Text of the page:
With COVID-19 continuing to dominate the headlines and board agendas, it can be easy to lose focus of the wider risk landscape. However, if you are involved in pork production or any of the associated industries, the spread of African Swine Fever virus (ASF), and its potential impact on the global $400bn pork industry1 and shake-up of the wider global protein markets2 is a growing global concern.
ASF is a highly contagious viral disease that impacts swine, with a high mortality rate. The disease is ‘Notifiable’ and the veterinary services within countries are responsible for its control3. Severe cases of virus can cause death between 2 – 10 days of infection and, with no cure, can devastate entire supply chains. Disease control normally consists of culling infected herds and imposing strict quarantine procedures; there are no vaccines or treatments available.
These disruptions cascade beyond the farm boundary into the supply chain, with consequences ranging from those growing crops to feed herds, to the transport companies moving the world’s stock. However, countries not yet hit by the virus can learn valuable lessons from those already experiencing this virus and build resilience and limit the impacts.
Building resilience to risks associated with ASF requires a holistic approach, and scenarios, technology, hiring staff from the veterinary sector, and multi-stakeholder engagements are some of the tools available, all guided by scientific best practice. This is a threat no farmer can afford to ignore, and one they cannot act on alone. If ASF hasn’t visited your region, there has never been a better time to understand the disease dynamics, build awareness in your supply chain, and learn from those who are experiencing it first-hand.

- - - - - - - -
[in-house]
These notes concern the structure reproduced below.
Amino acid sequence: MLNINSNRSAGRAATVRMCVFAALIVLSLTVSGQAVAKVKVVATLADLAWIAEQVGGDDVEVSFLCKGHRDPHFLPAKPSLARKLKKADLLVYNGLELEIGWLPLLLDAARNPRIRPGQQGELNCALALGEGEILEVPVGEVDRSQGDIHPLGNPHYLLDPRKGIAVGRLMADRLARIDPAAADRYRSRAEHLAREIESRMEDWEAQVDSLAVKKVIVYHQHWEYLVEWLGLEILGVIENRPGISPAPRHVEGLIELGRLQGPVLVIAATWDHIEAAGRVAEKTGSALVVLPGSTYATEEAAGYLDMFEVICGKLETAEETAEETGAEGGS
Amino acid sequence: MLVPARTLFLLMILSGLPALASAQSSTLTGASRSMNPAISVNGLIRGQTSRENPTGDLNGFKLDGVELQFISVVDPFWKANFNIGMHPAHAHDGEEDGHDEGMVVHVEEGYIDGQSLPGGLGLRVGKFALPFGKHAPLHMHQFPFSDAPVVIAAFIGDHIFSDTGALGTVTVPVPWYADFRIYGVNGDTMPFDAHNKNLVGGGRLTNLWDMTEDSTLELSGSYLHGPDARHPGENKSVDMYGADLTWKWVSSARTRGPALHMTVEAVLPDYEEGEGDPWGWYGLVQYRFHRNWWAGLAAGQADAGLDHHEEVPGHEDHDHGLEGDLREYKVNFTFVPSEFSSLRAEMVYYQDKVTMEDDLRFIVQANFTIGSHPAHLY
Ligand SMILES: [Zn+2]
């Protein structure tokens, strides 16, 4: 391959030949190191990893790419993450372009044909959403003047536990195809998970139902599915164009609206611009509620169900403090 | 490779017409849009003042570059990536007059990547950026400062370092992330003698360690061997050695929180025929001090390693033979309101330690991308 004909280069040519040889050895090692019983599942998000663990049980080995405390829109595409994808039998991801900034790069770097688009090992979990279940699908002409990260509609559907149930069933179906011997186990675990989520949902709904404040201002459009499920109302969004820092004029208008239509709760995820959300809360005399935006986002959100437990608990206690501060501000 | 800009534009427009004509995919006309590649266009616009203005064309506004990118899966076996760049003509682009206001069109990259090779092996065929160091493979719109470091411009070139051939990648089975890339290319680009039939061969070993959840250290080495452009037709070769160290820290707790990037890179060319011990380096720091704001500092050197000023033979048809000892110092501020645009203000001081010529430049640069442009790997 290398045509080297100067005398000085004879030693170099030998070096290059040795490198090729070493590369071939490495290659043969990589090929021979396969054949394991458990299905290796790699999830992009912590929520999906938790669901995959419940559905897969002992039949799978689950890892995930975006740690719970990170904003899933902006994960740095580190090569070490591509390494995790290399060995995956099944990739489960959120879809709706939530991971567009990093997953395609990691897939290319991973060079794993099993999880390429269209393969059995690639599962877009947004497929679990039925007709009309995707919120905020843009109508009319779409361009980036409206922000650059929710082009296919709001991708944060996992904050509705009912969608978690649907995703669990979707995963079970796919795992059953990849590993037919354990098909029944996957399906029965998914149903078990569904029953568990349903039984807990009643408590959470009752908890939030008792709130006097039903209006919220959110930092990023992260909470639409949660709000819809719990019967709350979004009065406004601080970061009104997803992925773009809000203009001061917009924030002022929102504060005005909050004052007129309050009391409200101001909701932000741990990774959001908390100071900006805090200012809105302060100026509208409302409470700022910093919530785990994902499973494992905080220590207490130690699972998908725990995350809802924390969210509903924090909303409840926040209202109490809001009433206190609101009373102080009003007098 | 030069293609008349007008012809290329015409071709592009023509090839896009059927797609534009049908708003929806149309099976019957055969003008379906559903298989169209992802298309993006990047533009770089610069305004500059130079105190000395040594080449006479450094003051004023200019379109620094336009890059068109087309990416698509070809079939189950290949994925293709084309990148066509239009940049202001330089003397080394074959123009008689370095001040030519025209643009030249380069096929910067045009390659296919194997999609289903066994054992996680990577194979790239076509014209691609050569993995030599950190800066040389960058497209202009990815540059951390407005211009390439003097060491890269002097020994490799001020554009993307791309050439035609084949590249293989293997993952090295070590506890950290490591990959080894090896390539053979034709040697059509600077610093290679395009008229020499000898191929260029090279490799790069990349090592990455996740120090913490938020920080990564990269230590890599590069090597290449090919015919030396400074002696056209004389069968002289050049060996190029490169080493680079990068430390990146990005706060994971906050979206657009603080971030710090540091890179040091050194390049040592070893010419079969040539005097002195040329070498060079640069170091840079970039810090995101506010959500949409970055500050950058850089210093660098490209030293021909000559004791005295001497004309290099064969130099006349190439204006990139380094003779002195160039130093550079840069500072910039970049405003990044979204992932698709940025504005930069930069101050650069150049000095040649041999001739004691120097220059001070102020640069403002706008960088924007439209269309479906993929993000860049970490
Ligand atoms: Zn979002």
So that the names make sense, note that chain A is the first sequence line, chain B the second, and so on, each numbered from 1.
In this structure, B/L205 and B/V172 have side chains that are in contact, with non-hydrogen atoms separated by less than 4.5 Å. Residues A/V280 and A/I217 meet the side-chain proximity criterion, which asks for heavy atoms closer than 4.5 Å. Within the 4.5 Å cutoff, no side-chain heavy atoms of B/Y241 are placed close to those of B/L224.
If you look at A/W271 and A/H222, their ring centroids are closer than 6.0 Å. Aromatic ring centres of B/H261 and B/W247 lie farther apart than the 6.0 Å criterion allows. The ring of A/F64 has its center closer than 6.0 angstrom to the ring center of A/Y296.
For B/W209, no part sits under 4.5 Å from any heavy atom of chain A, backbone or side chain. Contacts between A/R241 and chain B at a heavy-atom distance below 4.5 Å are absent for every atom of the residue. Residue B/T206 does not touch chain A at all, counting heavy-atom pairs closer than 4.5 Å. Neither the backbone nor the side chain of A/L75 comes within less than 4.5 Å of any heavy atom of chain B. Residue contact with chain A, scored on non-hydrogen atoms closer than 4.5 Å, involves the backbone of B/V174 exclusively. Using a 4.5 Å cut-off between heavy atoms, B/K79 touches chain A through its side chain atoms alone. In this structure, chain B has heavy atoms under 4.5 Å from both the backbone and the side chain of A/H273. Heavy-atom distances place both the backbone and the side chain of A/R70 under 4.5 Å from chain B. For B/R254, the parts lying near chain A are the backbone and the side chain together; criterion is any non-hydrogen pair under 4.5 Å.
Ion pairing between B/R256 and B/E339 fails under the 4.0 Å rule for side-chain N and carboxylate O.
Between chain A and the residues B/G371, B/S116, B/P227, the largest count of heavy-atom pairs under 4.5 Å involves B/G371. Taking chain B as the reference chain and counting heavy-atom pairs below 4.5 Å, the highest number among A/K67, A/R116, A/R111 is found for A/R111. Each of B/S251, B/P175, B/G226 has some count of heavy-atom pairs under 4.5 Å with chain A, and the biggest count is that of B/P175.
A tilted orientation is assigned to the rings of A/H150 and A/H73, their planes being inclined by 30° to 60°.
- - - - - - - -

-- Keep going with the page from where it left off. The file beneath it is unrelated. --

As pig production is an important source of human dietary protein in many countries, particularly in areas where beef production is difficult, a threat to this source can weaken food security and limit pig production within the effected countries. These are issues that cascade beyond the exposure of individual businesses, and into discussions around country and regional resilience, which is why you will find national security agencies at the forefront of funding research into the disease4.
These knock-ons can add up, and African Swine Fever can present a considerable threat to a nation’s economy through the loss of its agricultural resources. For example, agriculture currently makes up 7.1% of Chinese Gross Domestic Product5 with the pork sector contributing 10–15% of gross agricultural value added6.
In Asia, much of the burden is falling disproportionately on smallholders, threatening increases in poverty, vulnerability, and food insecurity. ASF has driven up the prices of pork and other food supplies in this region, and it has also had substantial effects on human health, trade, climate change resilience, and local environments. As a result, international finance groups such as the Asian Development Bank (ADB) and World Bank have been keeping an eye on the issue from an international development and resilience perspective. Impacts can spread beyond individual farms and into national security as livelihoods and food security are threatened.